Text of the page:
Managing personal and business finances can be complicated.

Why do you need to separate personal and business finances and How?

You have plans to become your own boss and set up a small business. Being a sole-proprietor can be a rewarding journey, however it does not come naturally and easy. It can create different kinds of stress and pressures because it now involves your own money invested into this business venture. Your business lives or dies based on the daily revenue.

What’s more stressful for a small business owner is when you do not come from having a financial background. Or even if you are good at numbers, you still scramble not knowing where to begin. Like it or not, as a business leader, there are many angles of the business you have to worry about besides the financials. Being your own boss now you need to know how to manage people, run the operations, sales, marketing, build or leverage from digitalization/technology for scaling up the business.

We understand the frustrations, so we want to tackle the first important angle, the finances, as you plan for your business. You need to know how and where to begin and why it is important to manage it separately from your personal finances.

We have before talked about the 5-steps “Money Wheel” for personal finances (

Let us follow the Money Wheel steps and apply them to managing business finances:



Areas to consider


Now you have to consider the revenues and profits for the business. Should you pay yourself a salary to support your personal income?


Business needs to save for emergency, and enough cash to operate at least 6 months during uncertain times


Business expenditures and inventory procurement. Overhead costs and payrolls. How to be effective in managing the business’ expenses?


Should the business invest to expand? Profits gained from the business to save, pay back investors if any, or how to grow even further for the business? Would you call for more funds for your business? 


Look for ways for the business to be stable and sustainable, setting up reserves or emergency funds for unforeseen economic crises.  What kind of risks to the business? Competition that threatens your business? How do you make sure there is no loss (revenue attrition) from the business?

Although we mentioned the same 5 steps of “Money Wheel” for both personal and business finances, there could be some overlapping or differences because you are the owner of the business. Before your business begins, you can go through each step and ask yourself where the money is coming from, how you will manage it, etc.

Let’s look at the differences between personal and business finances, and what kind of impact it makes if you don’t separate between your own money and the business’ monies.

  • Your personal goal in life is retirement and financially secured for you and your family. For your business, you want to have a sustainable model to ensure that the business makes profits in many years to come. Only then, this business can continue to provide financial security for you and your family and now your employees. Business financial planning is more complex, for example, it now involves payroll and inventory which aren’t necessary for personal finances
  • If we just talk about the Step 1 – INCOME, the difference between income for yourself and for the business (=revenue). When we start to gain profits for the business, you might have to decide whether you will move all that into our own income, or you pay dividends to all shareholders (if they invest with you), or reinvest back into the business for expansion. Questions like should you get a salary from your business? Most business owners think that this is your own business, therefore you should work for free. How are you going to take care of your personal income and future if you do not draw a salary?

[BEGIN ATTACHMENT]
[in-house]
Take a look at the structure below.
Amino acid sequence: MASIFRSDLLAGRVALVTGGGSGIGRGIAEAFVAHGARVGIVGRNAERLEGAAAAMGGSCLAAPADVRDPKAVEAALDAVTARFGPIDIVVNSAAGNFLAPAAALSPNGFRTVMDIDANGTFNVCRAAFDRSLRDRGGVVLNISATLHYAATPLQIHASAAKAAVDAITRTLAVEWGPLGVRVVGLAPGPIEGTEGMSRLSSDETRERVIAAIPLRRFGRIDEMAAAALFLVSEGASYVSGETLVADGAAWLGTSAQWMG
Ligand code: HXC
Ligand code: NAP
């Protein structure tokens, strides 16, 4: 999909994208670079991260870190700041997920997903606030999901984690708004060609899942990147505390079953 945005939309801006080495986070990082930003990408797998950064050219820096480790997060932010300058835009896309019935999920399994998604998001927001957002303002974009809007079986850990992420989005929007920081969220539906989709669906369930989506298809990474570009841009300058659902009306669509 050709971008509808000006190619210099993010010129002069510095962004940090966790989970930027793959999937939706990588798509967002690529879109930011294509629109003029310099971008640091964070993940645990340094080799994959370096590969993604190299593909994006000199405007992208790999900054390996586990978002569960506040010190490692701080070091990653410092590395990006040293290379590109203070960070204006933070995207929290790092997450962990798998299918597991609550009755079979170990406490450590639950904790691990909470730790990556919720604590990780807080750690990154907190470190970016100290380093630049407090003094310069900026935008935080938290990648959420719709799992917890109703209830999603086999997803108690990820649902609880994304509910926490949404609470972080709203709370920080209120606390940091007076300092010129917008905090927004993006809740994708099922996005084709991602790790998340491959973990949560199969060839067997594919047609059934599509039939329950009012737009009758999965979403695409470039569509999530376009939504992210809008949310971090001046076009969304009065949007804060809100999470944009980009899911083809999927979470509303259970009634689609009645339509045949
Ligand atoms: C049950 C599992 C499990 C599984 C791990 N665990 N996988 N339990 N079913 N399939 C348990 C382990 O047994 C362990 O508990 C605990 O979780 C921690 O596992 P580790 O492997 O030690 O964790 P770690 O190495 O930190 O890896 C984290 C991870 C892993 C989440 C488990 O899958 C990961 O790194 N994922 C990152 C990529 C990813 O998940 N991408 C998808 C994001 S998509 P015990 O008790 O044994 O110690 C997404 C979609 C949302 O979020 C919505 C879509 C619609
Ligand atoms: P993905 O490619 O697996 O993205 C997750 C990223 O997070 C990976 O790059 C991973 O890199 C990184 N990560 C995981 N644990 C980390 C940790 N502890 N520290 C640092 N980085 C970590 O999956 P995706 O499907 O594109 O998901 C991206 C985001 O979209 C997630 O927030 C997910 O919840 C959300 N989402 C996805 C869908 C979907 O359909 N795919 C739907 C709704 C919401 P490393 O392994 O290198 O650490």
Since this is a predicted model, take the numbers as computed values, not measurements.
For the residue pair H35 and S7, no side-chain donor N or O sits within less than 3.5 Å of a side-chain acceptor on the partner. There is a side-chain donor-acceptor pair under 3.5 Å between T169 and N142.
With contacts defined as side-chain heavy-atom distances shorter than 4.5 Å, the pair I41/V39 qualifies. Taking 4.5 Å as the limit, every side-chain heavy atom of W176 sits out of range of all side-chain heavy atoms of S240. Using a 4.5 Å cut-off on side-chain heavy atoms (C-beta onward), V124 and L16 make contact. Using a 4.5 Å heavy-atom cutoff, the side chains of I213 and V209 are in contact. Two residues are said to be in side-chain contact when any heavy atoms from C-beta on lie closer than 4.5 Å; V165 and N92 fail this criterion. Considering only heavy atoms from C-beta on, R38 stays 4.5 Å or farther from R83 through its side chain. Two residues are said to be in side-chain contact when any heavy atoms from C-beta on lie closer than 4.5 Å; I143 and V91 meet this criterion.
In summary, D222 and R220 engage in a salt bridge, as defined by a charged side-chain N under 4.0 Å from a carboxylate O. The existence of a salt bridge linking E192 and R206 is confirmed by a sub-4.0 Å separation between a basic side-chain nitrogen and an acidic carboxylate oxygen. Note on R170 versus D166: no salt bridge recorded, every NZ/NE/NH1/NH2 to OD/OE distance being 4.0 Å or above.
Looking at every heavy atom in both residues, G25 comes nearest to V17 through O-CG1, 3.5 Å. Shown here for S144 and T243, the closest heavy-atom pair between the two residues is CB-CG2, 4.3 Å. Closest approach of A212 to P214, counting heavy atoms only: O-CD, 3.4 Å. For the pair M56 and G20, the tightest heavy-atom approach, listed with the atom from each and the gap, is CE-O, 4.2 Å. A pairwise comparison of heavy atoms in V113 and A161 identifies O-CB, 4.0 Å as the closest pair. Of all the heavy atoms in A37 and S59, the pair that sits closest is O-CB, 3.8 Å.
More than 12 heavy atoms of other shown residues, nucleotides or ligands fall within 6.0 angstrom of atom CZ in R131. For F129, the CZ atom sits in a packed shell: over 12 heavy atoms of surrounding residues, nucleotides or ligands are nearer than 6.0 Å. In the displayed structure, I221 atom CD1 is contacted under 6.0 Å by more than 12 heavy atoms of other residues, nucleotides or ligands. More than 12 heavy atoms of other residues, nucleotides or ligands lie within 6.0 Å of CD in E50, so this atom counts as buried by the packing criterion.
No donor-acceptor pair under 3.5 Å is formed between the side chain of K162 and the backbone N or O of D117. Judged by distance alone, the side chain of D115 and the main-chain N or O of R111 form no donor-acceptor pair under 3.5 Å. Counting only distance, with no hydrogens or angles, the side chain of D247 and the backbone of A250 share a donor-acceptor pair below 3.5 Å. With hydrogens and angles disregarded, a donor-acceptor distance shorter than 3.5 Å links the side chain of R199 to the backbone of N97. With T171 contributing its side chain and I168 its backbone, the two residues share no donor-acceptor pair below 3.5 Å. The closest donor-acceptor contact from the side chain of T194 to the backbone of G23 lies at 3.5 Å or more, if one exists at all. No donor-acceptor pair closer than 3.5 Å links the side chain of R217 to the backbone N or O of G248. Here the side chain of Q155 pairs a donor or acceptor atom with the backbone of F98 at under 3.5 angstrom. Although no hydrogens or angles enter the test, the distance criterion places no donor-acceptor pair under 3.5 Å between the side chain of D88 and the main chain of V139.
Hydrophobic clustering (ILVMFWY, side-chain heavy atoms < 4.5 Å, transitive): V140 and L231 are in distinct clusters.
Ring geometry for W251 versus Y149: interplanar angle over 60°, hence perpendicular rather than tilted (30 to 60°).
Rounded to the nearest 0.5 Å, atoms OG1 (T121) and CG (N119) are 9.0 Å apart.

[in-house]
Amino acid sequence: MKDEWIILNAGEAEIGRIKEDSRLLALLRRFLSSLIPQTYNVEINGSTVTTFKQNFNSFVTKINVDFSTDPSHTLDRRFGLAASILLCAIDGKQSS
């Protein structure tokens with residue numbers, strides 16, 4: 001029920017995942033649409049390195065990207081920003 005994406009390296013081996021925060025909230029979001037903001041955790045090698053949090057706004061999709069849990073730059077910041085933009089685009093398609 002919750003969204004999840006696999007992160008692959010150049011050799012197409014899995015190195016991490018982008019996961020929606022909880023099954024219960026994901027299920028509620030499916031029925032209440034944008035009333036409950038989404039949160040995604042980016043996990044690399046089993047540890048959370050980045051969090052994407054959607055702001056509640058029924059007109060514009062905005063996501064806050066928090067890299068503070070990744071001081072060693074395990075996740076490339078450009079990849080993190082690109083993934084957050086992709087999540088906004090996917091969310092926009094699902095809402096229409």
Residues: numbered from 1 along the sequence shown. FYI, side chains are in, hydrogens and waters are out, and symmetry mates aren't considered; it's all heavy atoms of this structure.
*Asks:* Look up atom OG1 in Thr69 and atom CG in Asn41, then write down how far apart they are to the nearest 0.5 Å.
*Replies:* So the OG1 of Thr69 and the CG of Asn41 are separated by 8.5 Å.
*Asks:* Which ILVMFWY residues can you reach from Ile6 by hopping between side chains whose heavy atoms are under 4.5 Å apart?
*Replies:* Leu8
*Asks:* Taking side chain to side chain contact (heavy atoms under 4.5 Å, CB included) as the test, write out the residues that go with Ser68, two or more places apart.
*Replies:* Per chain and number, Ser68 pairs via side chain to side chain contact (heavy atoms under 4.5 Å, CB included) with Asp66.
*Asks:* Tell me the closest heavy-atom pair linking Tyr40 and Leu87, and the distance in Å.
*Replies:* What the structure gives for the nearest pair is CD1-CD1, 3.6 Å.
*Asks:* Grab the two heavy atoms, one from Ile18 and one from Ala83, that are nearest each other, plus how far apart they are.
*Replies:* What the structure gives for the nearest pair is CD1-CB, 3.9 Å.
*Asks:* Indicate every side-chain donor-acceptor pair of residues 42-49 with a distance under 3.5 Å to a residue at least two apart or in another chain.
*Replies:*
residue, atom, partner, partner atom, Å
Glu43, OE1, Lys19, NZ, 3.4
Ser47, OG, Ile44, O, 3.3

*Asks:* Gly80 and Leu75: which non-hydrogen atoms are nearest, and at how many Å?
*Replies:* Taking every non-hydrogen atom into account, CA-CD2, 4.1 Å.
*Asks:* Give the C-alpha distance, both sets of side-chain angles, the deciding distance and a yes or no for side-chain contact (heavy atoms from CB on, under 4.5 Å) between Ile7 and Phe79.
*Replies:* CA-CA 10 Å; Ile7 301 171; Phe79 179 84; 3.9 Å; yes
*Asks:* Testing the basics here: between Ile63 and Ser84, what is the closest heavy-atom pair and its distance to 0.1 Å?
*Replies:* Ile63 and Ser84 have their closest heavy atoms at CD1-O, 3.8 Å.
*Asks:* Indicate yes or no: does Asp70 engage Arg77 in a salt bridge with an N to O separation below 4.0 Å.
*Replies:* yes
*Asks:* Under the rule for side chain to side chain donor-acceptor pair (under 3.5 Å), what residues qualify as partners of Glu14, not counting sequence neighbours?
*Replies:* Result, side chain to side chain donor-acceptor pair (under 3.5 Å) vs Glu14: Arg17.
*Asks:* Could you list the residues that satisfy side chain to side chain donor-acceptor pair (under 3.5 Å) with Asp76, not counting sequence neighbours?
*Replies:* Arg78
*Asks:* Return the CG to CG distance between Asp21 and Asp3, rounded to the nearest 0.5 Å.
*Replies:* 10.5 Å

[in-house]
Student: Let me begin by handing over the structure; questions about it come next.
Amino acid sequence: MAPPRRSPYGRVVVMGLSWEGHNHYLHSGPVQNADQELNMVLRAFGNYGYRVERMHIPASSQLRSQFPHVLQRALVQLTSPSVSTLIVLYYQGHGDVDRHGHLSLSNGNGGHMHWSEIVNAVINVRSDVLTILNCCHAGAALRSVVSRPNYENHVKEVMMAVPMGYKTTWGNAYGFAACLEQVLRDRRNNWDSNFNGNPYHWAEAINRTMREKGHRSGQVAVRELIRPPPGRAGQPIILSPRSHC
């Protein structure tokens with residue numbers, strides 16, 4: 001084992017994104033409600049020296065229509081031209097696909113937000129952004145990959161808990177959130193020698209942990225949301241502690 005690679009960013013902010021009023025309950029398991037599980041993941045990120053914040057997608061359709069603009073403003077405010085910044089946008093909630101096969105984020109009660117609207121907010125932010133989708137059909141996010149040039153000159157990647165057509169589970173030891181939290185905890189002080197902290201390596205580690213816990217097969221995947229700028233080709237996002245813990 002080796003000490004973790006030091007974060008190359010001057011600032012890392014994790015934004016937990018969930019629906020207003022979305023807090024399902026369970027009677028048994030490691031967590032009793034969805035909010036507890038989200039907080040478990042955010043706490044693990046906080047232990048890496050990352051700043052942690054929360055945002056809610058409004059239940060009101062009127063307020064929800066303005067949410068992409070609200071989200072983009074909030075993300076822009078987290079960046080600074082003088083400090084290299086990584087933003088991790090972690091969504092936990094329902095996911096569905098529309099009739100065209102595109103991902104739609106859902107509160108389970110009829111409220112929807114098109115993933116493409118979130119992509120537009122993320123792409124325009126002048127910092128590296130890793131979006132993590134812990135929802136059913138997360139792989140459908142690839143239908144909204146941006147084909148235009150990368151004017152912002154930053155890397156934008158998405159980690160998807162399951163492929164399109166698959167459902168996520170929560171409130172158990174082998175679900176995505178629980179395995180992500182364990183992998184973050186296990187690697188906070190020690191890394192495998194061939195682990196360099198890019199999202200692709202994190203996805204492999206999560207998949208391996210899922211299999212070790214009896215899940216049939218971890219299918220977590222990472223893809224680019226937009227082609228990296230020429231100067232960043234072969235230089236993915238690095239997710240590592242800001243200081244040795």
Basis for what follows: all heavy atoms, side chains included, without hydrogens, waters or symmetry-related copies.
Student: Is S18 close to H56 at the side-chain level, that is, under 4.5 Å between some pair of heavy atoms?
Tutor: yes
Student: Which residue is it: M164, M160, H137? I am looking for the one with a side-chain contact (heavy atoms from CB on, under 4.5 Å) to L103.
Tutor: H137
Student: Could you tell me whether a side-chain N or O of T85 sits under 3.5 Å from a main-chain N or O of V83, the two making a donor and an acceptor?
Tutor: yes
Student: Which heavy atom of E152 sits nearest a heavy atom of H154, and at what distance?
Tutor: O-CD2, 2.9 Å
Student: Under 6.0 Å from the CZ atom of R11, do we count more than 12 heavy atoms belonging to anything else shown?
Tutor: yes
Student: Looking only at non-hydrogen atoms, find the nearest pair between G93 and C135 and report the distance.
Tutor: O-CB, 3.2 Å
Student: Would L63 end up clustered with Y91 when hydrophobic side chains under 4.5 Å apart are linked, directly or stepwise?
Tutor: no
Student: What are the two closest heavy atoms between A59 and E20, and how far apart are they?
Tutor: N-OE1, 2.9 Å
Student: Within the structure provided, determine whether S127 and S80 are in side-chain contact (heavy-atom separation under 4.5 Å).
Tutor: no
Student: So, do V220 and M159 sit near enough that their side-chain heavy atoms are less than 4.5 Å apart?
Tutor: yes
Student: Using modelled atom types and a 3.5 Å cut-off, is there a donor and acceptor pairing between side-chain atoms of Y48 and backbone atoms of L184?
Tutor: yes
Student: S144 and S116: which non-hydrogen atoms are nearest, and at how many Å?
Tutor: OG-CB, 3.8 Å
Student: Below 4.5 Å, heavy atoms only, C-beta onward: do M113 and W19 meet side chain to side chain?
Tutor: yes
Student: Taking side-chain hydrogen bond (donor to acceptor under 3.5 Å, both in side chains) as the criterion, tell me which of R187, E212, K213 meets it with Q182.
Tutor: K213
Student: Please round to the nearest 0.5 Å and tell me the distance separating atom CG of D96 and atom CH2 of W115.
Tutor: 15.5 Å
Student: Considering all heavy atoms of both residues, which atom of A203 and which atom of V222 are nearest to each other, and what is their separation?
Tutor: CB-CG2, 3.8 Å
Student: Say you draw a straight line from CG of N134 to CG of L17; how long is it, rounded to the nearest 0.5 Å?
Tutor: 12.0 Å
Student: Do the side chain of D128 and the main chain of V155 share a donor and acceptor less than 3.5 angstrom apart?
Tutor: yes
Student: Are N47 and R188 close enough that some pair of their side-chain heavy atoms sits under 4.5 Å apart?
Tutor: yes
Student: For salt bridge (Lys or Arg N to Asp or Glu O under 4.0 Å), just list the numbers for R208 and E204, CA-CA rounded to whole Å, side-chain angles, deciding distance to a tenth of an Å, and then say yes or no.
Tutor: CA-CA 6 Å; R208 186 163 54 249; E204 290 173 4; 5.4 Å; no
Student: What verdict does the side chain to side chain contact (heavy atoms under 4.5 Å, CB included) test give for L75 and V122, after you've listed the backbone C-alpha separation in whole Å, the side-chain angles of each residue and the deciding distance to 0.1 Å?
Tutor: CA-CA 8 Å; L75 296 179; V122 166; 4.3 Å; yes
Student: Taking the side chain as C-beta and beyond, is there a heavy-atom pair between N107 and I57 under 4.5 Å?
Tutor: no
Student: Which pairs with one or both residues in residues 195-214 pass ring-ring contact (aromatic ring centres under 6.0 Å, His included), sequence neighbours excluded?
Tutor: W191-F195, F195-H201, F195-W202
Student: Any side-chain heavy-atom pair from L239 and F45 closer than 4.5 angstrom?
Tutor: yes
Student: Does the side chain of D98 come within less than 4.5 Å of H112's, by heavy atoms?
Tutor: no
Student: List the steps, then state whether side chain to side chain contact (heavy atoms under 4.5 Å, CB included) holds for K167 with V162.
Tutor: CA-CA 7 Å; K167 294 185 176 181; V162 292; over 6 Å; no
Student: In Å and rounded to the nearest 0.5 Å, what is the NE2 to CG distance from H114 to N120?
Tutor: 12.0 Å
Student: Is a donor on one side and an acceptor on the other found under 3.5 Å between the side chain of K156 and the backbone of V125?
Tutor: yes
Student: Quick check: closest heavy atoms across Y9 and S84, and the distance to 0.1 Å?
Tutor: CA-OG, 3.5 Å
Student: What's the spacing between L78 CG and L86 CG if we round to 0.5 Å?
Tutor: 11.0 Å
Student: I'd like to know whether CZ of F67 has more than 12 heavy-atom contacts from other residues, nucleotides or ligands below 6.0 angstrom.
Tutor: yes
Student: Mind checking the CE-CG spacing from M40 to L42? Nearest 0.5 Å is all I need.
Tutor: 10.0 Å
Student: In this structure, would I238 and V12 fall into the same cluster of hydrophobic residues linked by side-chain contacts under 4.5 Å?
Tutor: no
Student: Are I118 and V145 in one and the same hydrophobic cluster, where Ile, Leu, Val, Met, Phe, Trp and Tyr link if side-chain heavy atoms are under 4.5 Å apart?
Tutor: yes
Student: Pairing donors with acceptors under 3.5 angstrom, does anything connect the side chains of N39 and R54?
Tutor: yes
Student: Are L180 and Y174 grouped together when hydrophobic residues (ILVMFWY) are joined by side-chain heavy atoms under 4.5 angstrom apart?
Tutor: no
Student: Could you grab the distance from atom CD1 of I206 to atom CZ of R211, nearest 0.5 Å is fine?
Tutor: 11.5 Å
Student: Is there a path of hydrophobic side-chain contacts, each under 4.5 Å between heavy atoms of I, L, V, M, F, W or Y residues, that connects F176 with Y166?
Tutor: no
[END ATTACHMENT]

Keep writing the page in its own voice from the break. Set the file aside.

• Financial statements and reports (Individual budgeting versus Business’s Profit & Loss, Cash Flow, Initial Investment Capital). As the financial framework for business is complex, you might have to involve an accountant for this process. We recommend any business owner needs to know at least the foundation of the above three financial statements as you manage the accountant. Know your business by knowing the important financial details.
  • Should you have all in your account, or separate accounts? Your business can not enjoy certain financial benefits if you put everything under the personal accounts i.e. getting loans from banks, credit lines, exclusive business tools or account features, access to a more streamlined accounting.
  • Misuse of the funds (which is for personal, which is for business?)
    • If your business leverages, then it becomes personal liabilities. You might lose your house or other assets if your business can’t serve the loan.
    • You are not able to call for investors if you later need cash to expand because the investors might not want any complications between personal and business money.
    • Reputation and credibility from business name versus personal name when you need to establish relationships with partners, suppliers and others.
  • Taxes (now deal with personal income taxes and business taxes or both now that you have taxes for yourself and employees versus taxes for the business)

Our advice is to keep separate accounts and everything else should follow on from there. Even if you do not register the license for your business, the two accounts, even if under your personal name, should still be serving separate purposes and should not be mixed. The business accounts will be used for client’s payments, payroll and other expenditures, pay yourself a salary to keep the book clean right from the start.

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